There are only two things you can do with an option – either sell it (write) or buy it, so the strategy must involve presumably one of these:

    buy call + buy put – at same strike price ($50) is called a straddle, but only makes money if
    buy call + sell put explosive move.
    sell call + buy put – you receive income from call-selling so $7 in, and $4 out for put, so $3 up.
    sell call + sell put – receive income from both so get $7 + $4 = $11, but if stock explodes up or down
    your losses could be massive – called a “short straddle” – see:

    http://www.poweropt.com/shortstraddlehelp.asp

    The following webpage has all the possible option strategies, so you could go through each one and throw out all those that are not concerned with a put and a call at the same strike price, and see which strategies remain. My guess is its the “short straddle” that fits all the requirements in this question, but its pretty risky if the stock moves up or down a lot.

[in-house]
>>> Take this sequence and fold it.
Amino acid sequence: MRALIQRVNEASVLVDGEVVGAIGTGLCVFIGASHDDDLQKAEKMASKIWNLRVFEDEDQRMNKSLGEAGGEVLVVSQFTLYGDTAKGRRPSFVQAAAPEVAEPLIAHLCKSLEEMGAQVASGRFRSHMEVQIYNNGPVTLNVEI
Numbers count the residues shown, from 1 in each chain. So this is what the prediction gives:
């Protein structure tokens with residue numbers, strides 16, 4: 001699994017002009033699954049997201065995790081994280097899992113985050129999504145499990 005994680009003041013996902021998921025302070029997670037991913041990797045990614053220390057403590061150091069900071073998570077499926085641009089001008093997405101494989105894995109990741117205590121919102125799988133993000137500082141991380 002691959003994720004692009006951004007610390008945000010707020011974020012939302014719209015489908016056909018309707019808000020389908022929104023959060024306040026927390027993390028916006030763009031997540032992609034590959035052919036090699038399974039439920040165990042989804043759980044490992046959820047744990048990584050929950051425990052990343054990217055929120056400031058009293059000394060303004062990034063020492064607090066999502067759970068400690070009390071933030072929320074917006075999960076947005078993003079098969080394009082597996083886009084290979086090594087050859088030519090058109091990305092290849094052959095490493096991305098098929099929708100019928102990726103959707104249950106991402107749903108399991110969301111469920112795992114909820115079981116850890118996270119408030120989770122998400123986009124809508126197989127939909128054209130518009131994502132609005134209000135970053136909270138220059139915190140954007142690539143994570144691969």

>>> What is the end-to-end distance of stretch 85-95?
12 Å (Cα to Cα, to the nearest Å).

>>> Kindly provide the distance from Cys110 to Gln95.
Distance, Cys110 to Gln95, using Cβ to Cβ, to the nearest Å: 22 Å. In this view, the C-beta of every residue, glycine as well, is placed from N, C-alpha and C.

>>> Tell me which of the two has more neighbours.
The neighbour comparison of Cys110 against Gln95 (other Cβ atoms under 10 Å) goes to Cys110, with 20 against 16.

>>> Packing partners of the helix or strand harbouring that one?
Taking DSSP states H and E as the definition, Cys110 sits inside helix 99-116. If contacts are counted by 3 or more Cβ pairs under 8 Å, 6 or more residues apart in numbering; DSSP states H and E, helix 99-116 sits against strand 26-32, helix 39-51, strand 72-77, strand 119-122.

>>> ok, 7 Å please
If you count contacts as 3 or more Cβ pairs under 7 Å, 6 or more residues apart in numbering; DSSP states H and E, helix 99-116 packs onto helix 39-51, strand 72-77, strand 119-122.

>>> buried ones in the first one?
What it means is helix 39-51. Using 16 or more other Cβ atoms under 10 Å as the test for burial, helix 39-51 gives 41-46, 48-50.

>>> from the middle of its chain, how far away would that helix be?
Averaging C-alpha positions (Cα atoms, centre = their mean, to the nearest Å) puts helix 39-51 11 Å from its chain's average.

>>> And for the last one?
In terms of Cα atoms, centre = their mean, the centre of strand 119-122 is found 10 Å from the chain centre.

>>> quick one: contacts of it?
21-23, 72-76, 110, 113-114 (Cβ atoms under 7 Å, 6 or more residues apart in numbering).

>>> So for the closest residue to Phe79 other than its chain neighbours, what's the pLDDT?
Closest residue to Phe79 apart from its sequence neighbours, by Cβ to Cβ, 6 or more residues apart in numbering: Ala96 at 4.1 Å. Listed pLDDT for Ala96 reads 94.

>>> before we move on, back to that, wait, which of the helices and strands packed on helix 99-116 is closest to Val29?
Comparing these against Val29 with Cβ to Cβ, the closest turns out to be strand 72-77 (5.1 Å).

http://www.poweropt.com/strategymenu.asp

    Usually traders put on “iron condors” to make money out of stocks that don’t move much, but that requires buying and selling options at more than the one strike price (here $50) so its too sophisticated to be “the answer” here, but is probably a better way to trade a stagnant (neutral) market.

    There’s a clever little options calculator at: